The Lonely Forest (CD release)

Friday, April 24

If the Lonely Forest accomplishes nothing else with sophomore release We Sing The Body Electric!, vocalist and songwriter John Van Deusen hopes that when people hear it, they'll stop referring to the Lonely Forest's age and judge the music by its merits alone. Then again, that's how the Lonely Forest, a four-piece from Anacortes, first made itself known to Seattle— by winning the 2006 EMP Sound Off! competition for young bands. After recording an EP with Jack Endino (the reward for winning Sound Off!), the Lonely Forest released Nuclear Winter, a full-length the band wrote as a three-piece right after guitarist Tony Ruland left Anacortes—and the band—to go to school. "[Nuclear Winter] was just keyboards, bass and drums," Van Deusen says. "It was a rock opera about the end of the world, and honestly it was really depressing. Most people couldn't stomach it." Nuclear Winter, Van Deusen explains, was an experiment, which is why We Sing The Body Electric! feels more like the band's first release to him. “We were very, very poppy when we won Sound Off!,” Van Deusen explains, “and I wanted to get a little bit louder and a little more experimental.”

We Sing The Body Electric! is meant to strike a balance between the mainstream, sugary pop of the band's youthful beginnings and the dark experimentalism of Nuclear Winter. On We Sing The Body Electric!, the keys play a supporting role, while layered guitars and vocal harmonies drive the album's sound. But even if We Sing The Body Electric! takes more risks, the record—particularly pop masterpiece “We Sing In Time”—is still quite accessible to the average listener. "For this album, I wanted to lighten things up a bit," Van Deusen says. Though Van Deusen recorded all the guitar parts himself, layering the tracks to create a multi-guitar sound, Tony Ruland serendipitously returned to Anacortes and rejoined the band, which will help fill things out live. And at the band’s CD release show, they’ll also have help filling out the vocal harmonies—which were made possible on the album by a handful of guest artists—from the Anacortes High School choir. It’s one of the many benefits of working in Anacortes’ tight-knit artistic community, which is home to a disproportionate number of talented musicians (Karl Blau, for one) who prove that there are still new, exciting things to be done with pop music. “I think it was good for me to grow up in a scene like I did here, because it shows you that you need balance,” Van Deusen says. “You can't be all sparkle and pop.”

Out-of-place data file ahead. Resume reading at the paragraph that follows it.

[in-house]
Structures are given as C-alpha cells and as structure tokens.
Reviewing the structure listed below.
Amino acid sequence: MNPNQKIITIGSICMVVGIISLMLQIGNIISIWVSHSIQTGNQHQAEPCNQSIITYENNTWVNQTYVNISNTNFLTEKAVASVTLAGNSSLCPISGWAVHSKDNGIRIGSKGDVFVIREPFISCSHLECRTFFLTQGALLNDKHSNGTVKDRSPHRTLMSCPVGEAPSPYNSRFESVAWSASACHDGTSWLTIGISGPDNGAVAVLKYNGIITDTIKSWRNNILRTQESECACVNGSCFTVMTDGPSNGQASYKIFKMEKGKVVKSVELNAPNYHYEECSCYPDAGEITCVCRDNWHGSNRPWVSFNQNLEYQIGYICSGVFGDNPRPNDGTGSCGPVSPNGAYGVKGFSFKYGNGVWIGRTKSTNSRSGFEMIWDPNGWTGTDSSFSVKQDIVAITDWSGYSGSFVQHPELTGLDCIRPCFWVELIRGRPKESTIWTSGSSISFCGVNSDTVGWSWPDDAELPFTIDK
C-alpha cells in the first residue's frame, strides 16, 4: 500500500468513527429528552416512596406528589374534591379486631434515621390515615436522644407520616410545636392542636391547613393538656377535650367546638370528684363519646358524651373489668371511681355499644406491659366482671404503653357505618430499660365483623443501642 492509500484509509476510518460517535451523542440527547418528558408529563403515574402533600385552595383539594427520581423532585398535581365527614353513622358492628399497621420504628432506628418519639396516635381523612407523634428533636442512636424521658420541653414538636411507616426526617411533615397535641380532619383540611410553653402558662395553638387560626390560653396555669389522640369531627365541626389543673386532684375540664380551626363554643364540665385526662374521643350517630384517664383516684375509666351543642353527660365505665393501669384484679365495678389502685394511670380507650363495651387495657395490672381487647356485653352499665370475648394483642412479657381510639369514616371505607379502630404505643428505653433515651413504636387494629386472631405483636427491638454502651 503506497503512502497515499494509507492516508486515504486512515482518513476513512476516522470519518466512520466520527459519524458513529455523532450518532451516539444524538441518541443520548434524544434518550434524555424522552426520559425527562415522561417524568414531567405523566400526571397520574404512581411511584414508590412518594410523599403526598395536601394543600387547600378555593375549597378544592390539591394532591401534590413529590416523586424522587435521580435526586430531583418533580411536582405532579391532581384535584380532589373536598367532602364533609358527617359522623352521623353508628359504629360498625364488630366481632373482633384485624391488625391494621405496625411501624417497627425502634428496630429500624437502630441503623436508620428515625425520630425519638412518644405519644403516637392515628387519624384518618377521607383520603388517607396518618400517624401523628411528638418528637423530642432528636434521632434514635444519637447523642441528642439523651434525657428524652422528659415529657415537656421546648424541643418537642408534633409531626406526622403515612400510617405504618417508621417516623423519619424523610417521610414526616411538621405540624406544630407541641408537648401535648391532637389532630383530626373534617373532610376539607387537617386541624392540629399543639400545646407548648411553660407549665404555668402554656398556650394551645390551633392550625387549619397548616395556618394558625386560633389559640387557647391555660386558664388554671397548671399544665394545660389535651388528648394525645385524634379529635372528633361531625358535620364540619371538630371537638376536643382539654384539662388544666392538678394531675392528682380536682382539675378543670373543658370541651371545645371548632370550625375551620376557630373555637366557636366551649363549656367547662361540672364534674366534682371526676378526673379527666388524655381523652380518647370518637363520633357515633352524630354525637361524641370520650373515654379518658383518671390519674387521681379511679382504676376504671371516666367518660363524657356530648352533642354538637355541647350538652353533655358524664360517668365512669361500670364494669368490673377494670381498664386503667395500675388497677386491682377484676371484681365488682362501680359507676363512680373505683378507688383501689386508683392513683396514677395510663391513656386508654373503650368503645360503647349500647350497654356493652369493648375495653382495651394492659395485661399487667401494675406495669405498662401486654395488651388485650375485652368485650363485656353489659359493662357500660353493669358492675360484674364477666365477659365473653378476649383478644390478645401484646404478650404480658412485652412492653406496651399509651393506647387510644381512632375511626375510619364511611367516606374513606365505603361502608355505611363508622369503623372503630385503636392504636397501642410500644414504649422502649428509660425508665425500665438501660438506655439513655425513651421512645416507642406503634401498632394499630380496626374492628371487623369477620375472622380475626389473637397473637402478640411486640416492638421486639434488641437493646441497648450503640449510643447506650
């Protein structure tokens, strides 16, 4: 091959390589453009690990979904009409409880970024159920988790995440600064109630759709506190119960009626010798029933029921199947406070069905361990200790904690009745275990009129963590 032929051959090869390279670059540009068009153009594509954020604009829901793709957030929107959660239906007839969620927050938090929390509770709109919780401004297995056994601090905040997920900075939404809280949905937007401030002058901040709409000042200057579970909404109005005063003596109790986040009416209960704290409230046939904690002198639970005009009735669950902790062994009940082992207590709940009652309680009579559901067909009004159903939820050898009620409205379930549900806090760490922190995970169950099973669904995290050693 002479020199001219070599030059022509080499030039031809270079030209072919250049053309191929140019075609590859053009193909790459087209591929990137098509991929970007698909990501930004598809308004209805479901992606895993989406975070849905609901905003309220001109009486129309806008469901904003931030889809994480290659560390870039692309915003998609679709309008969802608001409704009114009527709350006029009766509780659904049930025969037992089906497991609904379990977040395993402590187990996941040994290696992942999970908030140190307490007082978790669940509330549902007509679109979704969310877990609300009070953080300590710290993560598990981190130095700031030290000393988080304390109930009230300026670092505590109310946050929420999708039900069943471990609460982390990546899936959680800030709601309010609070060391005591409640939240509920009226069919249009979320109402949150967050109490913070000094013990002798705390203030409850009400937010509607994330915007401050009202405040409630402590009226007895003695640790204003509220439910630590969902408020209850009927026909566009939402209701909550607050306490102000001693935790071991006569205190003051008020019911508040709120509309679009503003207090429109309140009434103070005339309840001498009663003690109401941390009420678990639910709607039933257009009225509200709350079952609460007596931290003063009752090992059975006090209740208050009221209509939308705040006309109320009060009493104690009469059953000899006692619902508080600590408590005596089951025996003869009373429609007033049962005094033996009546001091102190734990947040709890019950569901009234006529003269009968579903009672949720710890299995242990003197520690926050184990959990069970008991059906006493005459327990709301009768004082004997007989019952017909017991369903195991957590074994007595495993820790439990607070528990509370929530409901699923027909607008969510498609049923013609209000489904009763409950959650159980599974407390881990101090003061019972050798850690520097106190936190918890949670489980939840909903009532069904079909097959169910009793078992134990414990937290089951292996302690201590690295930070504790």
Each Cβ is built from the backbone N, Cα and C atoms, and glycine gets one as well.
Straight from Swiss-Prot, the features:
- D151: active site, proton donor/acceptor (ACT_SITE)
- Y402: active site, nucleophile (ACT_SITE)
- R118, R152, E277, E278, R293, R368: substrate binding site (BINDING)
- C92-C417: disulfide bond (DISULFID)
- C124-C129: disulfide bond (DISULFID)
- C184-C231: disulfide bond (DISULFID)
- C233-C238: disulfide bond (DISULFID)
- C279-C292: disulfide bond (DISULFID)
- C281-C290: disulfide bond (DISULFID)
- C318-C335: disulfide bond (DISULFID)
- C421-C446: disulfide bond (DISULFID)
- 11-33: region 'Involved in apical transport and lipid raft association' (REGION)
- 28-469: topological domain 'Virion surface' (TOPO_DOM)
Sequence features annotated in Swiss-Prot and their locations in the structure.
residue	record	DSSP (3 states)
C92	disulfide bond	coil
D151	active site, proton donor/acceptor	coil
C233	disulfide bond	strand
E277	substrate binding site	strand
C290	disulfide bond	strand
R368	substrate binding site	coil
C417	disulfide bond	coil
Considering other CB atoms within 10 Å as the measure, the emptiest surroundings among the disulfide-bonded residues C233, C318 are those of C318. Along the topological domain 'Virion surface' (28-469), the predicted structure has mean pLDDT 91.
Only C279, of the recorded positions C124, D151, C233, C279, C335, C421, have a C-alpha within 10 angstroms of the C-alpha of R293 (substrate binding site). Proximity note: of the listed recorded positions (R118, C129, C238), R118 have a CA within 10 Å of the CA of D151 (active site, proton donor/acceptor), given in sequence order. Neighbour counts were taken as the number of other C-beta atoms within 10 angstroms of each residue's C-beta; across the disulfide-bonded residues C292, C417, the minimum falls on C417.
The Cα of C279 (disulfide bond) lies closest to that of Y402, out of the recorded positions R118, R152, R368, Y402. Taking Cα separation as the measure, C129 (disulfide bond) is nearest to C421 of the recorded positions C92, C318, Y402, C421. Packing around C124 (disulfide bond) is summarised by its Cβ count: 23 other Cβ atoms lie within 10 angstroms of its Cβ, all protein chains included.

Fri., April 24, 7:30 p.m., 2009

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